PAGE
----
Hindustan Foods is a contract manufacturer of FMCG products such as processed foods, personal care, home care, and leatherwear. They have 11 manufacturing plants deploying high-end technology in Goa, Jammu, Uttar Pradesh, Coimbatore, Hyderabad, Mysuru, Mumbai, Silvassa, and Puducherry; and a capable task force of more than 2,400+ people ramping up production for their clients around the clock, clearly establishing them as the market leader in the Contract Manufacturing space.
How does Hindustan Foods operate?
Hindustan Foods has three distinct business models. First, they operate their manufacturing facilities as either dedicated or shared units. Under the dedicated unit model, they enter into long-term contracts with a client and either set up a Greenfield facility or obtain a pre-built facility. The contracts guarantee fixed returns, ensuring stable profitability and covering the debt-servicing portion of the loans taken by Hindustan Foods to build the facility. Clients ensure that the working capital requirement is kept to a minimum and that they fund any additional working capital requirement in this arrangement.
Under the shared unit model, they serve multiple clients through a single manufacturing facility. Although these contracts are not long-term, they are more flexible and have higher margins. They also do private label manufacturing, in which they create their formulations and designs, and the client then attaches their brand to the finished product.
What are the growth drivers for FMCG Contract Manufacturers?
With the growing nationalistic fervour of the Aatmanirbhar Bharat (self-reliance India) campaign, the PLI scheme, the China + 1 strategy, and the growing digitization of the supply chain, led by the increasing share of e-commerce sales, the FMCG space and its derivative, the Contract Manufacturing space, are likely to grow in the future.
Emerging Trends – The primary growth drivers for the FMCG sector are changes in lifestyle, traditional culture, and an increase in the urban population. People are becoming more aware of their lifestyle choices due to emerging trends and increasing demand for FMCG products. Another emerging trend is the increased demand for FMCG in rural areas due to the aggressive implementation of the Mahatma Gandhi National Rural Employment Guarantee Act (MGNREGA) and the development of rural infrastructure and healthcare facilities. These policies are likely to create job opportunities and generate non-farm income. Again, different sources of income may result in increased demand for FMCG products.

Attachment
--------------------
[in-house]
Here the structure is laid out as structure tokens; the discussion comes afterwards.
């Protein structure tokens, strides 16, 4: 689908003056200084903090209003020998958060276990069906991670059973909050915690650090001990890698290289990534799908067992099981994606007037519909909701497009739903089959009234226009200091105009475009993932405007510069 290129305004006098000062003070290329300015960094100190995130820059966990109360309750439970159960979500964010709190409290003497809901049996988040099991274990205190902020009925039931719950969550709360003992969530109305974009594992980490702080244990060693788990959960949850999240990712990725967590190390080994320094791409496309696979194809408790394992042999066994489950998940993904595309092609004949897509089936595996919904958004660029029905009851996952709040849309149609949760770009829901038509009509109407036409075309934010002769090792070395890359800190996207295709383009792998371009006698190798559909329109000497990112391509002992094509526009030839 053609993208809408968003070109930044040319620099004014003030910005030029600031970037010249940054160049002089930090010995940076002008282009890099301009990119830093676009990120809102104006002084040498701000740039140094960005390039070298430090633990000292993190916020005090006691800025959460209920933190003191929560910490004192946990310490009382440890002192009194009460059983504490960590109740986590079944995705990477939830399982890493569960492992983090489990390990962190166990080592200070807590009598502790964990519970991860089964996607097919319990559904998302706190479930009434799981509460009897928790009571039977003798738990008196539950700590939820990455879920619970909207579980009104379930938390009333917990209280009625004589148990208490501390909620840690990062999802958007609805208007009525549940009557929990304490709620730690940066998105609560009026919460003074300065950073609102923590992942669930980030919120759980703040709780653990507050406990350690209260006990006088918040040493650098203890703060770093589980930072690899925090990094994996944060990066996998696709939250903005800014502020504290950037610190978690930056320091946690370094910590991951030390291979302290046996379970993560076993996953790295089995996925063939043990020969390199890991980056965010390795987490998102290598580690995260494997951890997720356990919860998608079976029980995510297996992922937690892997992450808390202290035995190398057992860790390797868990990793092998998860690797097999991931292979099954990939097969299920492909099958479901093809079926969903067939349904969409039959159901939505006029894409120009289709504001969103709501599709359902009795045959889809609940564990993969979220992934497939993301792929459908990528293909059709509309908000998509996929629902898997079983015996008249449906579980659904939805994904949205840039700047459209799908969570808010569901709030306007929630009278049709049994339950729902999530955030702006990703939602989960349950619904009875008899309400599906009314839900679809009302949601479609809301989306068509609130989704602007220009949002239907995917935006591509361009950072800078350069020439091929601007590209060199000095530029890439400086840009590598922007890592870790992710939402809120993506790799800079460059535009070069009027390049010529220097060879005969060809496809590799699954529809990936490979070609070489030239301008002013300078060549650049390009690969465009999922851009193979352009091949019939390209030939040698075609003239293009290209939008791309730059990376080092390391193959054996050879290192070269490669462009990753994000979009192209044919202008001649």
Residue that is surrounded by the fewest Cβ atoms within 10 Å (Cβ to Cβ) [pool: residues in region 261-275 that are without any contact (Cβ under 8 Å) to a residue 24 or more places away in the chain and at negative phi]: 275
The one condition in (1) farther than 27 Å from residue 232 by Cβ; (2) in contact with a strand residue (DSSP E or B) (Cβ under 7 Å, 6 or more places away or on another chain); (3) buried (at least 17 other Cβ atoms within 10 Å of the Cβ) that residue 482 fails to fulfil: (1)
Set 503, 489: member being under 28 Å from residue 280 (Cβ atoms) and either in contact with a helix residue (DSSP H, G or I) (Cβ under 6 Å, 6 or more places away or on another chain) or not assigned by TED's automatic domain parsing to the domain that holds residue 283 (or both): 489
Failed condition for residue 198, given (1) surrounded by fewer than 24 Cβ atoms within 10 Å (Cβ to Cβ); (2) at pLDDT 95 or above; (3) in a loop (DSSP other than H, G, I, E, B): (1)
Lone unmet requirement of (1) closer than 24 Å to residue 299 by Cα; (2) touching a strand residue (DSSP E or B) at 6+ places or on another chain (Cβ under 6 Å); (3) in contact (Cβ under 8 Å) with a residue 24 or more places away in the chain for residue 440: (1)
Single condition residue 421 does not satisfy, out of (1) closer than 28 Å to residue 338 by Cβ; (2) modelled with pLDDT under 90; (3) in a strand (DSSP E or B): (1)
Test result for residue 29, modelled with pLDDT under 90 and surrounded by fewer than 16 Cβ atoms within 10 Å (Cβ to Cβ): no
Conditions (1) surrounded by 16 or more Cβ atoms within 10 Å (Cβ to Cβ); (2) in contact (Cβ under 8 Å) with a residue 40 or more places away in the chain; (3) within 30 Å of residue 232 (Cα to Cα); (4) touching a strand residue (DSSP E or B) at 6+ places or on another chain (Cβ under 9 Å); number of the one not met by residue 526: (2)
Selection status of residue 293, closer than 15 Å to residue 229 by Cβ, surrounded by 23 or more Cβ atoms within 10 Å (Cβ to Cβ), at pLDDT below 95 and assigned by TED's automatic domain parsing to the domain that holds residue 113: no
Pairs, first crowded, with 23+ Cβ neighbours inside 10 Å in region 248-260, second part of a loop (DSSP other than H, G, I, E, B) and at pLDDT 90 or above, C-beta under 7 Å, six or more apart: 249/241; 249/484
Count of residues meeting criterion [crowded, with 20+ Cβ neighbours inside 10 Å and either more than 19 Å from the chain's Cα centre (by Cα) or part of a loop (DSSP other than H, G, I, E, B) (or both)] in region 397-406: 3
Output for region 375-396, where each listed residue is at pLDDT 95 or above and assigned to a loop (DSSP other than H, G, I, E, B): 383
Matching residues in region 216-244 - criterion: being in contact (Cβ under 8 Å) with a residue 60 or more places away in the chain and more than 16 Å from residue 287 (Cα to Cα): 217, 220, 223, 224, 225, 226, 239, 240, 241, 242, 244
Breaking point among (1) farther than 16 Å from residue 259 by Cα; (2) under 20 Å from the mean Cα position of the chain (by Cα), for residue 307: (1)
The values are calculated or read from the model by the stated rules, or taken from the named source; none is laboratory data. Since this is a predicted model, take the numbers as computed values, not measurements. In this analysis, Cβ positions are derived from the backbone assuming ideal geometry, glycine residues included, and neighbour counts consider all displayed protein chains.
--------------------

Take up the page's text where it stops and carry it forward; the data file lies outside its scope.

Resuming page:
Growing Discretionary FMCG Consumption – With massive immunizations taking place in the country, demand for discretionary FMCG products such as hair oil, gels, sanitizers, fairness cream, etc., is expected to rise. This will increase discretionary FMCG consumption, benefiting FMCG companies and contract manufacturers involved.
Modern Trade – Modern trade, which includes prominent players such as supermarket chains, hypermarkets, mini supermarkets, and out-of-store channels such as e-commerce, assists in increasing the reach and accessibility of fast-moving consumer goods.
It has resulted in the emergence of a more significant number of FMCG companies and diverse market teams, resulting in the growth of premium products. Furthermore, it has influenced consumers to make more repeat purchases, increasing demand for these goods.
This has also increased the opportunity for FMCG companies to increase their production volumes and touchpoints. However, meeting the rapid rise in demand through Greenfield or brownfield expansion can be time-consuming and capital intensive, so a tie-up with a contract manufacturer can be beneficial.